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108

Popular Xposed Module GravityBox Has Been Released For Android 5.0 Lollipop

Just about a week after the public release of the Xposed Framework for Lollipop devices, we are now privy to one of the best and most popular modules, GravityBox. And, like the framework, the developer of GravityBox is calling this version an alpha release. Still, those of you with Nexus devices are going to be very excited about this one.

For the unfamiliar, GravityBox is an Xposed module that offers a wide variety of tweaks for AOSP-ish ROMs. The idea is to make custom ROMs, like CyanogenMod, unnecessary. Even better, the user can have more control over the modifications. You might like one feature of OmniRom but not another.

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53

Xposed Module Removes The Eye-Searing Orange Theme From Lollipop's Battery Saver Mode

Android 5.0 has a lot of smart features, and battery saver mode is one of them. When your phone reaches a user-defined low battery level, Lollipop will automatically reduce animations, turn off most background data, cut vibration from alerts, and lower the standard brightness on the screen. It's a smarter implementation of the feature than, say, the ultra power saving modes on recent Samsung or HTC phones, which disable all but a few apps.

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Aaaah! It burns!

It also makes the phone's UI switch to a bright orange theme when activated, almost like you just enabled Federal Penitentiary Mode. The nav bar, notification bar, and other elements of the standard AOSP interface are so bright that they seem like they're trying to punch you in the eyeballs.

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115

Xposed Framework For Lollipop Is Now Available As An Alpha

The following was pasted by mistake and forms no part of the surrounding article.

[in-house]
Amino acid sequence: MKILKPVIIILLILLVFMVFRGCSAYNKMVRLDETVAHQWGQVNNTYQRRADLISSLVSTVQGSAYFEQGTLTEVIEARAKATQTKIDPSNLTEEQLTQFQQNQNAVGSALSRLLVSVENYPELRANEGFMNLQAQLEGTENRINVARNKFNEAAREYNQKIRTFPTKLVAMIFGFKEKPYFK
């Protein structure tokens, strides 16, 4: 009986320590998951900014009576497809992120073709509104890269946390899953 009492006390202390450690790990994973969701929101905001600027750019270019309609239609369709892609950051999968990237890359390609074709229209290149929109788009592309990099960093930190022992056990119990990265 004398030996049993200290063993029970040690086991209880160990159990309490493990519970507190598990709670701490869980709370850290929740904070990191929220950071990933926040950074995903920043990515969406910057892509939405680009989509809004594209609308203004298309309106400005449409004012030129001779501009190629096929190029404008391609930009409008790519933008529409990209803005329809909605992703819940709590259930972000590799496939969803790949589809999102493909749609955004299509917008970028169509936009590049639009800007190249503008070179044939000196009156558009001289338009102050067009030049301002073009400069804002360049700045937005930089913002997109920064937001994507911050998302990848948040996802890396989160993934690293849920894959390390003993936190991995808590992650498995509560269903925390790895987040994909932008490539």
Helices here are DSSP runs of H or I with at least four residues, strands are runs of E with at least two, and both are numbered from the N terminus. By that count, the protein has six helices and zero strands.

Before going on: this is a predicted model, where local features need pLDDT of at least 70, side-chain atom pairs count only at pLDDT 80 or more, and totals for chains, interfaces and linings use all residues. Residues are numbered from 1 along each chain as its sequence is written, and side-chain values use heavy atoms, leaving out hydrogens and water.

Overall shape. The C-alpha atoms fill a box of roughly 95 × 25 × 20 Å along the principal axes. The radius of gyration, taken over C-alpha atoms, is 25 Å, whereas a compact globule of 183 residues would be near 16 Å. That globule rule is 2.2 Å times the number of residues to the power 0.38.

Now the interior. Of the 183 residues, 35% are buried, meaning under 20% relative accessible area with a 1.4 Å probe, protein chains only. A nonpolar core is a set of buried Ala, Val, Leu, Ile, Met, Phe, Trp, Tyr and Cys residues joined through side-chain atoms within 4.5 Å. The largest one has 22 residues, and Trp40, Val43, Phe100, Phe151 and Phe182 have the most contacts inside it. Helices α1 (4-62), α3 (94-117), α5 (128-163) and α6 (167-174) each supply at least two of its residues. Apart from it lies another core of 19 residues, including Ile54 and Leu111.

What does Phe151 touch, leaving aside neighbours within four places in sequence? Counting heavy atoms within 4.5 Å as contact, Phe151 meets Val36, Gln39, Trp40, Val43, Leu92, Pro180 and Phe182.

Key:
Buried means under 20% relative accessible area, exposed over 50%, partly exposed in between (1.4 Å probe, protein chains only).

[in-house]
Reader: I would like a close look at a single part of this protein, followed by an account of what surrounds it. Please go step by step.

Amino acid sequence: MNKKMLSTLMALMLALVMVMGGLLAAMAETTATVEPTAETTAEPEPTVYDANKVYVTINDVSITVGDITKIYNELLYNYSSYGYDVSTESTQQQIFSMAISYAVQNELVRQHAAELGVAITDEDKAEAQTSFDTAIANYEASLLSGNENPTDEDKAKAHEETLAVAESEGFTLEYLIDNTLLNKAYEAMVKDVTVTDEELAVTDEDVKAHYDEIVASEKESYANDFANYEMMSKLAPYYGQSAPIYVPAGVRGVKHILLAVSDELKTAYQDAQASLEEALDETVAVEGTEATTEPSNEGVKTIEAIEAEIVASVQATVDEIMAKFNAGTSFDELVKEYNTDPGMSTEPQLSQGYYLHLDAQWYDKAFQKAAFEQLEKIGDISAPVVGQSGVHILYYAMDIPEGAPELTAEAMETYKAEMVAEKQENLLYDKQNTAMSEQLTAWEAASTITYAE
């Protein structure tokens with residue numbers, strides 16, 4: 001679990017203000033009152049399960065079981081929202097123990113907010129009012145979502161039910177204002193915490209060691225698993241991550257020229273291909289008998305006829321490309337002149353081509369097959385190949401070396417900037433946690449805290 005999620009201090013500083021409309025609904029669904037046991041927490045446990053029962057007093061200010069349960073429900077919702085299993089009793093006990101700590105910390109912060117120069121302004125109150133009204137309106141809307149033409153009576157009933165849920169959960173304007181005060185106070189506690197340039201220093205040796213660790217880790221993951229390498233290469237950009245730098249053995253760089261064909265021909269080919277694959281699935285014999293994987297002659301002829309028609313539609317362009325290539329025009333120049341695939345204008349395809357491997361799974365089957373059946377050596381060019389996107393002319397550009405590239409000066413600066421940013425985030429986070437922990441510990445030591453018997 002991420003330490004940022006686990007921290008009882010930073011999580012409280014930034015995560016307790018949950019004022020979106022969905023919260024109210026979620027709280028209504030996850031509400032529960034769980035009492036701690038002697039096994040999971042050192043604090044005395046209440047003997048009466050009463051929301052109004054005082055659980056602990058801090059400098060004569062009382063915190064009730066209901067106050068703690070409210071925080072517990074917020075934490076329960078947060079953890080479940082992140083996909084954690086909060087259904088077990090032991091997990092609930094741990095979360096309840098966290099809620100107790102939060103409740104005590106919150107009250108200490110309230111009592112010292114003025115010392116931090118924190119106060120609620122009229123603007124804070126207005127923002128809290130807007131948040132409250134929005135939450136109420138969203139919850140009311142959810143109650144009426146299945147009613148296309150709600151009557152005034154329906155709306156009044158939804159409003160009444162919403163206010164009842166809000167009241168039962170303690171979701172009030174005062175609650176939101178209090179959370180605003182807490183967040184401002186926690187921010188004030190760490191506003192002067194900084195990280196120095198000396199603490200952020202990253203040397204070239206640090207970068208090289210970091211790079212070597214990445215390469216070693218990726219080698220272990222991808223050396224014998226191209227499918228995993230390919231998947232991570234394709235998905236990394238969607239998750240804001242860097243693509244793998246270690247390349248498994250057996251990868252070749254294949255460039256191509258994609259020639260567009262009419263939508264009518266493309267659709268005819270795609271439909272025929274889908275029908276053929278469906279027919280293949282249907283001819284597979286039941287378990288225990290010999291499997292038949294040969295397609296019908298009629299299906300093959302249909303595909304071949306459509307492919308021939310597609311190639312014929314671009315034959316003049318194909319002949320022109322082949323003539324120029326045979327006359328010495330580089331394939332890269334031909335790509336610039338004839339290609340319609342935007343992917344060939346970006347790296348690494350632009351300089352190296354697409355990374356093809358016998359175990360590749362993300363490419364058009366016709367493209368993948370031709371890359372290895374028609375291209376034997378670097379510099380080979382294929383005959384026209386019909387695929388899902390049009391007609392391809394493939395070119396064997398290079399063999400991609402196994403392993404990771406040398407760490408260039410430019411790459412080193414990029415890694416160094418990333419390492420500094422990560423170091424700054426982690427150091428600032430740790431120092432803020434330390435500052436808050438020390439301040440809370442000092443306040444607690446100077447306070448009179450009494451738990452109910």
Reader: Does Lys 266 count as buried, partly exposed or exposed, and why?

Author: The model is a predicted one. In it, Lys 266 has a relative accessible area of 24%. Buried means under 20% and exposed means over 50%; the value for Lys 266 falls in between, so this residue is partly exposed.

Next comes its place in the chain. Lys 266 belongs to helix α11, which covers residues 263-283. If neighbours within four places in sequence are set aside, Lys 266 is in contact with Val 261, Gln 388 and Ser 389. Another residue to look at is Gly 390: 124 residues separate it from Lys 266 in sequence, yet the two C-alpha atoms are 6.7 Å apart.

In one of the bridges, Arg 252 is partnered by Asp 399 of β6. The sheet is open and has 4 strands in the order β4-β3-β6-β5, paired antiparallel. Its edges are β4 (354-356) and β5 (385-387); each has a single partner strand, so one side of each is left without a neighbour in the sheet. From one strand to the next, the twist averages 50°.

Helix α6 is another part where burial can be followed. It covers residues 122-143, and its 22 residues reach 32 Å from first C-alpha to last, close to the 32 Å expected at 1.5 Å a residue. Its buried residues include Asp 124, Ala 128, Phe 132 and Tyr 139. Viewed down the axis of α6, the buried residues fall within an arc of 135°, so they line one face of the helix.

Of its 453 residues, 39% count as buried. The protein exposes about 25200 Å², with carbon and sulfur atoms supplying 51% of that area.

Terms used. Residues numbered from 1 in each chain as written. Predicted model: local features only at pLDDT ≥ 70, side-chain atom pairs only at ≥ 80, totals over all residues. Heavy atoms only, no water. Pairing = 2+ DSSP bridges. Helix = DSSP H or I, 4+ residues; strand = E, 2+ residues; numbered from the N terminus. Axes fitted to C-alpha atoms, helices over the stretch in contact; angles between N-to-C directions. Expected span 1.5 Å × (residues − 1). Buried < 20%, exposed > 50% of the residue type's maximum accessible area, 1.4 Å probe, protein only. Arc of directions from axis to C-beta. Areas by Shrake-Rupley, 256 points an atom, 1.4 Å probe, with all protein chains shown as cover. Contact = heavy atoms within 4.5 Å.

The day you've (maybe) been waiting for has finally arrived—Xposed for Android 5.0 is finally available on XDA. Developer rovo89 posted a teaser the other day, and has followed through on his vague promise of "soon." Installation is a bit more complicated than it was on KitKat, but nothing you can't handle, I'm sure.

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160

Xposed Framework For Android 5.0/ART Could Be Just Around The Corner

For those who like to mod their Android devices, the Xposed framework is a revelation. You don't need to flash a new ROM, but you get a ton of customization options and system UI tweaks with relatively limited risk. After months of waiting, Xposed may finally be coming to Lollipop.

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12

WearResponses v2.0 Rolling Out Today With Support For All SMS Apps And No More Root/Xposed Requirement [Update: Now Live]

One of the continued shortcomings of Android Wear is the lack of configurable canned response messages. If you can't talk to your wrist, it really limits what you can say. For a few months, WearResponses has offered an alternative for users of rooted devices with Xposed, but the v2.0 update is rolling out today and should work on all devices without root. How? Sorcery, I'd imagine.